The development highlighted Europe’s ongoing approach to engaging the country in this realm amid significant challenges.

On April 29, the European Union (EU) officially announced that it would extend its arms embargo in Myanmar. Though the development was expected considering previous EU statements issued as well as ongoing developments within Myanmar, it nonetheless highlighted an aspect of Europe’s role in the Southeast Asian state that continues to receive significant attention.

While Europe’s role in Myanmar tends not to get as many headlines as that of other players such as the United States or China, the European Union as well as some individual European countries continue to play an important role in the country’s development across a range of areas, not just in standard areas like the economy, but also in supporting peace efforts and helping to address lingering human rights concerns, including the troubling situation in Rakhine State.

Despite this wider role, the aspect of the EU’s involvement in Myanmar that tends to be in the spotlight more so than others is the status of its arms embargo on the Southeast Asian state. While the embargo itself has been in place since the 1990s even as some forms of limited security collaboration have gone on particularly on the part of individual European states, the ongoing focus on it in recent years has come amid the broader issue about the balance between engagement and sanction amid changes in Myanmar’s own political development in recent years. It is also part of a wider conversation about how Western countries, including the United States and European states, ought to calibrate interests and ideals separately as well as collectively in the wake of opportunities and challenges therein.

Though the embargo itself had remained in place even amid the easing of restrictions amid Myanmar’s initial political opening and the election of the National League for Democracy (NLD) led by Aung San Suu Kyi in 2015 elections, there were ongoing conversations about efforts to further advance security ties and even more easing of existing restrictions. But Europe’s growing concerns about democracy and human rights issues, and most notably the deteriorating situation with respect to the repression of the ethnic Rohingya minority, had undermined prospects for such efforts. Indeed, with the EU’s repeatedly stated public concern about developments in Myanmar on the front over the past year, including its response to a UN fact-finding mission articulated last December, it was quite clear that the embargo would remain in place or even potentially be strengthened further for the foreseeable future.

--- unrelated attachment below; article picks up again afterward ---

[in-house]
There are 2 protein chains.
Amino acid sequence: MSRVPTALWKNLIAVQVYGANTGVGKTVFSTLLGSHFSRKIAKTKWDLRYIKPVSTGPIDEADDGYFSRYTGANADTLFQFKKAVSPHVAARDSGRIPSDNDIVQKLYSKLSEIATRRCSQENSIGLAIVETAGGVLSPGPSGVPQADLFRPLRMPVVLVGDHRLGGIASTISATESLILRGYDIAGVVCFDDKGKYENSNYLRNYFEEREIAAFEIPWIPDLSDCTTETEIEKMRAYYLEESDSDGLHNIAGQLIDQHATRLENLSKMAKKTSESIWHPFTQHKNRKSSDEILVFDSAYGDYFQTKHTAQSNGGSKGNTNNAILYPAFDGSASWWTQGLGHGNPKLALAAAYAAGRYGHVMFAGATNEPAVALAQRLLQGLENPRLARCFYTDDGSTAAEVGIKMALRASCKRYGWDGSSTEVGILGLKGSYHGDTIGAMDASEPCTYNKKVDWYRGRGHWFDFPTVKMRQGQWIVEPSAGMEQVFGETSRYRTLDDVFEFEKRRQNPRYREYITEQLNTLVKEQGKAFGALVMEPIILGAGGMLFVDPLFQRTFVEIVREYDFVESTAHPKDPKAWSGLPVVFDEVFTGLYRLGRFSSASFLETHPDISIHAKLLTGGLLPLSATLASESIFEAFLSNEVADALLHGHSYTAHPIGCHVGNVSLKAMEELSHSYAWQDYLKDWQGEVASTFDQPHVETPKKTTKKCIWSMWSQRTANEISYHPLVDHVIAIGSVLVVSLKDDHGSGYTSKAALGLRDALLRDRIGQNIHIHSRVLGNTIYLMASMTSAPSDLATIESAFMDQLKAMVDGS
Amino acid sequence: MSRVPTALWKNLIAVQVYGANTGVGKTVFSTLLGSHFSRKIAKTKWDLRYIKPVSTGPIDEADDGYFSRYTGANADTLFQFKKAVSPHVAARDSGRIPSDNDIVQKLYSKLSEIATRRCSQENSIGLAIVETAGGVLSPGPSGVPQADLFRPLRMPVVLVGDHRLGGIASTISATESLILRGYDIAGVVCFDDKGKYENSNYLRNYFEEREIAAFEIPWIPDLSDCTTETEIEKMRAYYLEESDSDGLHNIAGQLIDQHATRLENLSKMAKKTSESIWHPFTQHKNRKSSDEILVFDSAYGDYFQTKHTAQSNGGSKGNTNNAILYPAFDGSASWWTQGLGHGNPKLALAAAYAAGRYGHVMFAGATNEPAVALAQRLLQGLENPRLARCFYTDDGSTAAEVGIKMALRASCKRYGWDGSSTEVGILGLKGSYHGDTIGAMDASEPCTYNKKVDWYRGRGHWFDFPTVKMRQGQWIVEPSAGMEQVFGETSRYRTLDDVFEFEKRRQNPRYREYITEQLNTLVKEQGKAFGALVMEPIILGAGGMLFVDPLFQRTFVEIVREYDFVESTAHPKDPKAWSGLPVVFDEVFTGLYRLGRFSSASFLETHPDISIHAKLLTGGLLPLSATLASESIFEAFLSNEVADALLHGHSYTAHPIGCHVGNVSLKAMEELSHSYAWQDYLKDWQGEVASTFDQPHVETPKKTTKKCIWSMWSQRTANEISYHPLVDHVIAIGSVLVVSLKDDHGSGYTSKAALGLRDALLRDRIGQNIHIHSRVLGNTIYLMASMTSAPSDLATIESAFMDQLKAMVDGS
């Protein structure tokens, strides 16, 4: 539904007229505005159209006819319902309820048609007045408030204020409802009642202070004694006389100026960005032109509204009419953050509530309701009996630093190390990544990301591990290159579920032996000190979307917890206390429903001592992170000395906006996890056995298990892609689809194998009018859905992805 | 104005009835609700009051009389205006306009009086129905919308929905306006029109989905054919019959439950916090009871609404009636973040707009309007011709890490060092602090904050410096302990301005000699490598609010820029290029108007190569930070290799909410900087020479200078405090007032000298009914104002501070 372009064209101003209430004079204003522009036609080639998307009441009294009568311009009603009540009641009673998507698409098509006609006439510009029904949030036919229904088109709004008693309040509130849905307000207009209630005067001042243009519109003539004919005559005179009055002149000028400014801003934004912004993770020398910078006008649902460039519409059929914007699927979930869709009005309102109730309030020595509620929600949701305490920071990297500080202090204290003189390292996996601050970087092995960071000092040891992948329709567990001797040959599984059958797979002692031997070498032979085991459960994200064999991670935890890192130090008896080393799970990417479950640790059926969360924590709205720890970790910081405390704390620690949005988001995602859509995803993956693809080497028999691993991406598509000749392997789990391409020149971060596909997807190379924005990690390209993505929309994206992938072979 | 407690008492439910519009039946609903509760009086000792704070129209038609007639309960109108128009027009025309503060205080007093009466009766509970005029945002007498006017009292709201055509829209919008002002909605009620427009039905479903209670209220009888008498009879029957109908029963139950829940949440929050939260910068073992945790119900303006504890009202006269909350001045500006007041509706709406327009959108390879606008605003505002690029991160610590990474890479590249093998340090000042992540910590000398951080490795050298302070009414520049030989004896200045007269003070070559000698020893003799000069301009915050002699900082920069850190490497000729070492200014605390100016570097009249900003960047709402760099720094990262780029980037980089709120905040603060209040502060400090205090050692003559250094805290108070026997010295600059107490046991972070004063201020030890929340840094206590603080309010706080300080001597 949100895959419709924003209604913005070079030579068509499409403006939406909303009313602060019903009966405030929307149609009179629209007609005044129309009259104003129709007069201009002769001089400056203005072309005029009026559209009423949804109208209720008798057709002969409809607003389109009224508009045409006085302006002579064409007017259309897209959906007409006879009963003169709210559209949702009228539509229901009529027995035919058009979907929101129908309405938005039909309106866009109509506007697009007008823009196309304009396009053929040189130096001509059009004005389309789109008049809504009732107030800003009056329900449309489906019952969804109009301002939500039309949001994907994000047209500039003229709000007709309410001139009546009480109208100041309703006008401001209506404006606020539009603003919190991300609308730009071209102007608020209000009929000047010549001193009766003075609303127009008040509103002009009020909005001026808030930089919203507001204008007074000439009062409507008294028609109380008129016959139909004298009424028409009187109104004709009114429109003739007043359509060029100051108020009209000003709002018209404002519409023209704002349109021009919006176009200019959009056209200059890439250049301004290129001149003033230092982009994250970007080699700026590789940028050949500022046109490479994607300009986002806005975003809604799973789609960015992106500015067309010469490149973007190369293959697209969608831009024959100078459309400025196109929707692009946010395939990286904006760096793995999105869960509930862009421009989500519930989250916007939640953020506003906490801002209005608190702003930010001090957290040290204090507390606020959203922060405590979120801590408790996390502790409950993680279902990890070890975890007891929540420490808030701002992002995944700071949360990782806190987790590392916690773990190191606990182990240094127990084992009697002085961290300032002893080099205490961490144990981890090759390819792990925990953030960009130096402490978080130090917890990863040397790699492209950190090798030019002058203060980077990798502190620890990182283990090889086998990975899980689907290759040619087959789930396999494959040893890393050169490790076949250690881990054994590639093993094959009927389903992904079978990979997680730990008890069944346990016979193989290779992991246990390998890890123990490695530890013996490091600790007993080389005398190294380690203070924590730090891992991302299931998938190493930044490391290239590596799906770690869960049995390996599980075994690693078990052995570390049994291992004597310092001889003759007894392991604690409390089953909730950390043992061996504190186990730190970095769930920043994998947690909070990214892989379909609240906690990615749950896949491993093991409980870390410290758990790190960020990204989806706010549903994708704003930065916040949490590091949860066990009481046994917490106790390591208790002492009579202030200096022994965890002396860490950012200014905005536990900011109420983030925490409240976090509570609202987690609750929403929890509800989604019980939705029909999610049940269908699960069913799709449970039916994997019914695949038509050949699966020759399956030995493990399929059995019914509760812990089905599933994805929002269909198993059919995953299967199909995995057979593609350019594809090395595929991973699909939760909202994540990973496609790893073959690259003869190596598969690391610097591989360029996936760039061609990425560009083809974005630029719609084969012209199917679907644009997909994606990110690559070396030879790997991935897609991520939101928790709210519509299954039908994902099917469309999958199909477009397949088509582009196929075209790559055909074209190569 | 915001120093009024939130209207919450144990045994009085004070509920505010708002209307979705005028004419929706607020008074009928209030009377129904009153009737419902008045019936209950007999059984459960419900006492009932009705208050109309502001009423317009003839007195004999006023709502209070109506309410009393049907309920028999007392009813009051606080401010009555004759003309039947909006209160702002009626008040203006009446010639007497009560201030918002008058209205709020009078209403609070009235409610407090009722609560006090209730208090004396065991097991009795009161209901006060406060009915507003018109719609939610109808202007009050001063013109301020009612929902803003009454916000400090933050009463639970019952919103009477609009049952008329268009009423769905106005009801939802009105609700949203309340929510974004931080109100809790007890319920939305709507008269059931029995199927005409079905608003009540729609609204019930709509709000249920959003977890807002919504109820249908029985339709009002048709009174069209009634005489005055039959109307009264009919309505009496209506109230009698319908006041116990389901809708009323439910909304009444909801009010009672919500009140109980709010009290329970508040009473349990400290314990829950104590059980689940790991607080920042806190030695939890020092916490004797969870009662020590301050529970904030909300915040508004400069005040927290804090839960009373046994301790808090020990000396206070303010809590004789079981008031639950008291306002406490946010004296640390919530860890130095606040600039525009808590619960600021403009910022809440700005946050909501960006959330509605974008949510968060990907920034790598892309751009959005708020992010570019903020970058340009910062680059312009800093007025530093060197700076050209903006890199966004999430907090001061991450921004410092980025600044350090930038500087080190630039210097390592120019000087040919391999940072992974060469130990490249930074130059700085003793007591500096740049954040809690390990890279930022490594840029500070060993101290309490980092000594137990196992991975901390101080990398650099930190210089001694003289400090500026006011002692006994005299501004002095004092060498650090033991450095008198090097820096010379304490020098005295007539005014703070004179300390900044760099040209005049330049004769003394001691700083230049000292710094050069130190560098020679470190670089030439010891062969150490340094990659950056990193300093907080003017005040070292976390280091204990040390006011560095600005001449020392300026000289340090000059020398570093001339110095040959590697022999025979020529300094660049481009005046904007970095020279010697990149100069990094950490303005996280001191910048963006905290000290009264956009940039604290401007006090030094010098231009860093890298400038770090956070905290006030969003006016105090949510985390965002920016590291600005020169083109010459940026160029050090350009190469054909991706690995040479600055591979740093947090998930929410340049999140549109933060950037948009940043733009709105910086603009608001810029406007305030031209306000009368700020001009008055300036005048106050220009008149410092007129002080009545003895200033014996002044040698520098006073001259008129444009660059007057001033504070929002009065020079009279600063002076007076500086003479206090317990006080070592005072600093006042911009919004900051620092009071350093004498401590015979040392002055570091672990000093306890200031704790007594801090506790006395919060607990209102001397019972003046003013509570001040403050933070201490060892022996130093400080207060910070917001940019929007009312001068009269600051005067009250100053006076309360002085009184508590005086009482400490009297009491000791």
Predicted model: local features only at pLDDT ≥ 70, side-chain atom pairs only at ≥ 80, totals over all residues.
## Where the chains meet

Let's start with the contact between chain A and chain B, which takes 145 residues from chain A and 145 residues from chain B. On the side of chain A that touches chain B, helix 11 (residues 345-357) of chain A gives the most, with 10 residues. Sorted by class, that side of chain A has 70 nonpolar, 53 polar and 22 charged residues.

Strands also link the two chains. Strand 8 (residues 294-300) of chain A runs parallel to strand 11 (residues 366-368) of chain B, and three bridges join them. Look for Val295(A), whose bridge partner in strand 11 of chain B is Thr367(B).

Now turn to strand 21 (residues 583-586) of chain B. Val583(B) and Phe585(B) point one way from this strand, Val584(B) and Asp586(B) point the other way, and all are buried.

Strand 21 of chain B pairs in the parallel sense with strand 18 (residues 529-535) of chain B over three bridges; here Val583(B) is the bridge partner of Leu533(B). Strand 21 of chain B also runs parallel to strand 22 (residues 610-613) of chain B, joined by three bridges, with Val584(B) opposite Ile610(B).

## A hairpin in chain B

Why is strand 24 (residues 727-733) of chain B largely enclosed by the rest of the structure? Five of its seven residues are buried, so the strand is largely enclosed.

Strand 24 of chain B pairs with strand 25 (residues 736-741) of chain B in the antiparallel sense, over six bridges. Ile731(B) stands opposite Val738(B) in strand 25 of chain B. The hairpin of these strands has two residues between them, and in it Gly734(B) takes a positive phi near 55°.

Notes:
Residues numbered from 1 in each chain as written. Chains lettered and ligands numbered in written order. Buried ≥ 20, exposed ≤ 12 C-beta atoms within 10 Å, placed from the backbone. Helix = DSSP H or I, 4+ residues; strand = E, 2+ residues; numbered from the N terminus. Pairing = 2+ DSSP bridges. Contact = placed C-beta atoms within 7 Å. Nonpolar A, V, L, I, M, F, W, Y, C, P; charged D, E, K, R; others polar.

Myanmar State Counsellor Aung San Suu Kyi attends the Leaders Plenary Session of the Association of Southeast Asian Nations (ASEAN)-Australia Special Summit in Sydney on March 18, 2018. – The ASEAN-Australia Special Summit 2018 aims to further deepen economic cooperation, political dialogue and strengthen regional security. (Photo by Mark Metcalfe / POOL / AFP) (Photo credit should read MARK METCALFE/AFP/Getty Images)


Sure enough, on April 29, the EU officially announced that it would extend its arms embargo in Myanmar by another year. The EU Council announced on April 29 that the newly enforced sanctions – which include restrictions covering some arms and dual-use equipment, forms of military training and collaboration, and targeted restrictive measures on individuals in some parts of Myanmar’s security forces including the military (Tatmadaw) and the border guard police – are now expected to remain in place until April 30, 2020, and will be reviewed before then.

The extension itself comes as no surprise given what the EU has previously said as well as what continues to go on in Myanmar. Indeed, over the past year or so, the EU has publicly been announcing a series of ways by which it has been managing existing restrictions and also considering new ones in the wake of the ongoing situation in Myanmar, while also making clear to Naypyidaw what steps would needed to be taken in order for a potential change in its stance as well.

To be sure, as was noted previously, the EU’s involvement in Myanmar ought not to be confused with the role of individual European states in the Southeast Asian country, and Europe is just one of several players operating there. Nonetheless, given the wider trends in Myanmar at play today and looking ahead into the future, be it the adjustments Myanmar’s military has had to make on the security side in the wake of Western censure including relying more on Russia and China, or the upcoming Myanmar elections in 2020, which will be yet another important signpost in the country’s ongoing development, Europe’s Myanmar role in general and the arms embargo in particular will continue to be important to watch.

Prashanth Parameswaran, The Diplomat